I can't take credit for most of this document. It comes from the experience of doing conferences with many find bi activists, especially everyone involved in the Tri State Bisexual Conferences.

In particular:

  • Tom Limoncelli, New Jersey
  • Alan Hamilton, Boston, MA
  • Lou Hoffman, Minneapolis, MN


1And an earthquake policy, given that it was in San Francisco!

Marcus's 'how to run a BiCon' manifesto

Back in 2005, Marcus Morgan published 'A Manifesto For BiCon Organisers' as a PDF file. As the place it was uploaded to (resources.bi.org) no longer exists, it is now available here.

Since it was written, Marcus has run three BiCons rather than two and several other things have changed. As the file specifically forbids editing it or posting it as web pages, no corrections have been made. The 'excellent article' referenced as being at biconf.org no longer exists there[1]The domain name has been squatted at least twice since 2005 but a copy of the latest version I can find is here.

Here are the comments on the manifesto that were there (again, made back in 2005 or so!) including Marcus's responses to some of it:

If you haven't already read it, please do so now… because I'm just going to make comments on some of it.

I've also not gone "I think he's right you know!" to the vast majority of it.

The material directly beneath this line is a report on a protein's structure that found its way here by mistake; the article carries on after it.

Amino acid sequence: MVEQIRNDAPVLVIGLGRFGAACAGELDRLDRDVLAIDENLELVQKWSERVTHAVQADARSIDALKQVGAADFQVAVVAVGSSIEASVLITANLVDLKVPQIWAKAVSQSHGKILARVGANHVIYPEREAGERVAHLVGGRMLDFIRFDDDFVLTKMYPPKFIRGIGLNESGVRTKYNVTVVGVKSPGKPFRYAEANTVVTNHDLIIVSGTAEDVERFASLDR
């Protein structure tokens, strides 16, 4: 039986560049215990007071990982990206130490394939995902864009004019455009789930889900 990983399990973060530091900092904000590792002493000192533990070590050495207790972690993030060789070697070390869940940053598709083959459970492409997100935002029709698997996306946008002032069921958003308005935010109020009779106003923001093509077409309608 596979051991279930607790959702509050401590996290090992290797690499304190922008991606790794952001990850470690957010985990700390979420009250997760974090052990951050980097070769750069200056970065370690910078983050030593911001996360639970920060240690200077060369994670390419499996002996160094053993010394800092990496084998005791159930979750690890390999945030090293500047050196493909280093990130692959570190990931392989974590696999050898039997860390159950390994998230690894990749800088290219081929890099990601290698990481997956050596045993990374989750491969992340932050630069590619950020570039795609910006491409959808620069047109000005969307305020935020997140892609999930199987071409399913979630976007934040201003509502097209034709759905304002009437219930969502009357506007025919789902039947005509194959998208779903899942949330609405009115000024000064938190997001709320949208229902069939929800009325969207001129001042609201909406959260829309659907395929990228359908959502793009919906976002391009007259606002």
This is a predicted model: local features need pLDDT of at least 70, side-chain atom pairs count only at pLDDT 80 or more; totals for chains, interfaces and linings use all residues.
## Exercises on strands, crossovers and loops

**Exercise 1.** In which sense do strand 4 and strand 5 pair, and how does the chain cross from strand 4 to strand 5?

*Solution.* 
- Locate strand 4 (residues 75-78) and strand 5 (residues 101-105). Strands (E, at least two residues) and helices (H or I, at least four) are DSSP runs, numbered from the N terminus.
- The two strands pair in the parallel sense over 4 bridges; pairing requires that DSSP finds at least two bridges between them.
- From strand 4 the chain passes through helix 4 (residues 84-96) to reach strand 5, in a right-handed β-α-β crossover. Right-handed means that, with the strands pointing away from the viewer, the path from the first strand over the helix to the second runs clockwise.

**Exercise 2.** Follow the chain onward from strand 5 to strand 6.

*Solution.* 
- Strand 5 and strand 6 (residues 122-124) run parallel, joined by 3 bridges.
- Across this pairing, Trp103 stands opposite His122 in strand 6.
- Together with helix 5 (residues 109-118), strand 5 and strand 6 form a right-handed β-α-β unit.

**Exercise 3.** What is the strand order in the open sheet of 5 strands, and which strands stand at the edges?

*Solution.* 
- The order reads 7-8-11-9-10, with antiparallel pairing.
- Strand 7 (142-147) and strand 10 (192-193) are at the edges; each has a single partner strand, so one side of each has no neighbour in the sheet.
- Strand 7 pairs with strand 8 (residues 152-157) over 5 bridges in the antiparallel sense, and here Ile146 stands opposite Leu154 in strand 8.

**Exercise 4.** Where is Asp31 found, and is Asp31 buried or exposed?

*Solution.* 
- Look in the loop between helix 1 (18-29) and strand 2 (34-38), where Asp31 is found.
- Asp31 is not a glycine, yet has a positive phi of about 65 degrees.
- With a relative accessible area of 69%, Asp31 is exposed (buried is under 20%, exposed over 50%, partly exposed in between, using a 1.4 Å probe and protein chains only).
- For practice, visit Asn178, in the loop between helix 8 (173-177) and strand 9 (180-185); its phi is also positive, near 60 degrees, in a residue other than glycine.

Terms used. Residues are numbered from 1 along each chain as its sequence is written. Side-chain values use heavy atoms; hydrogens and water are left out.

Seek Other Advice Too

Yep. The idea for the BiCon Guidelines came from SF cons, for example.

Someone used to trade union conferences came along to 2001 in Coventry and was stunned that – at a venue that didn't have an onsite bar or food – the organisers hadn't gone to some of the local pubs and food places and said "You can be an Official BiCon bar / food place… if you give us a percentage of your take from people who mention us."

      This is a good idea, hadn't occurred to me! -Marcus

I thoroughly recommend going to some of the BiCons elsewhere. The first EuroBiCon, and the internationals in Berlin and Boston were particularly good, but you've missed those 🙂

I also loved Queeruption in London 2004. The atmosphere was very like a BiCon, but when you're in a squatted venue, only some of which has electricity, never mind heating, it was also very differently fab.

Most of the mistakes that have been made over the years would very probably not have been made if the organisers had asked previous organisers "how's this idea sound?" If they go "erm… are you sure?" do at least think you might be taking a risk if you go ahead with it. There's nothing wrong with taking a risk, but some are like playing Russian Roulette with a fully loaded revolver.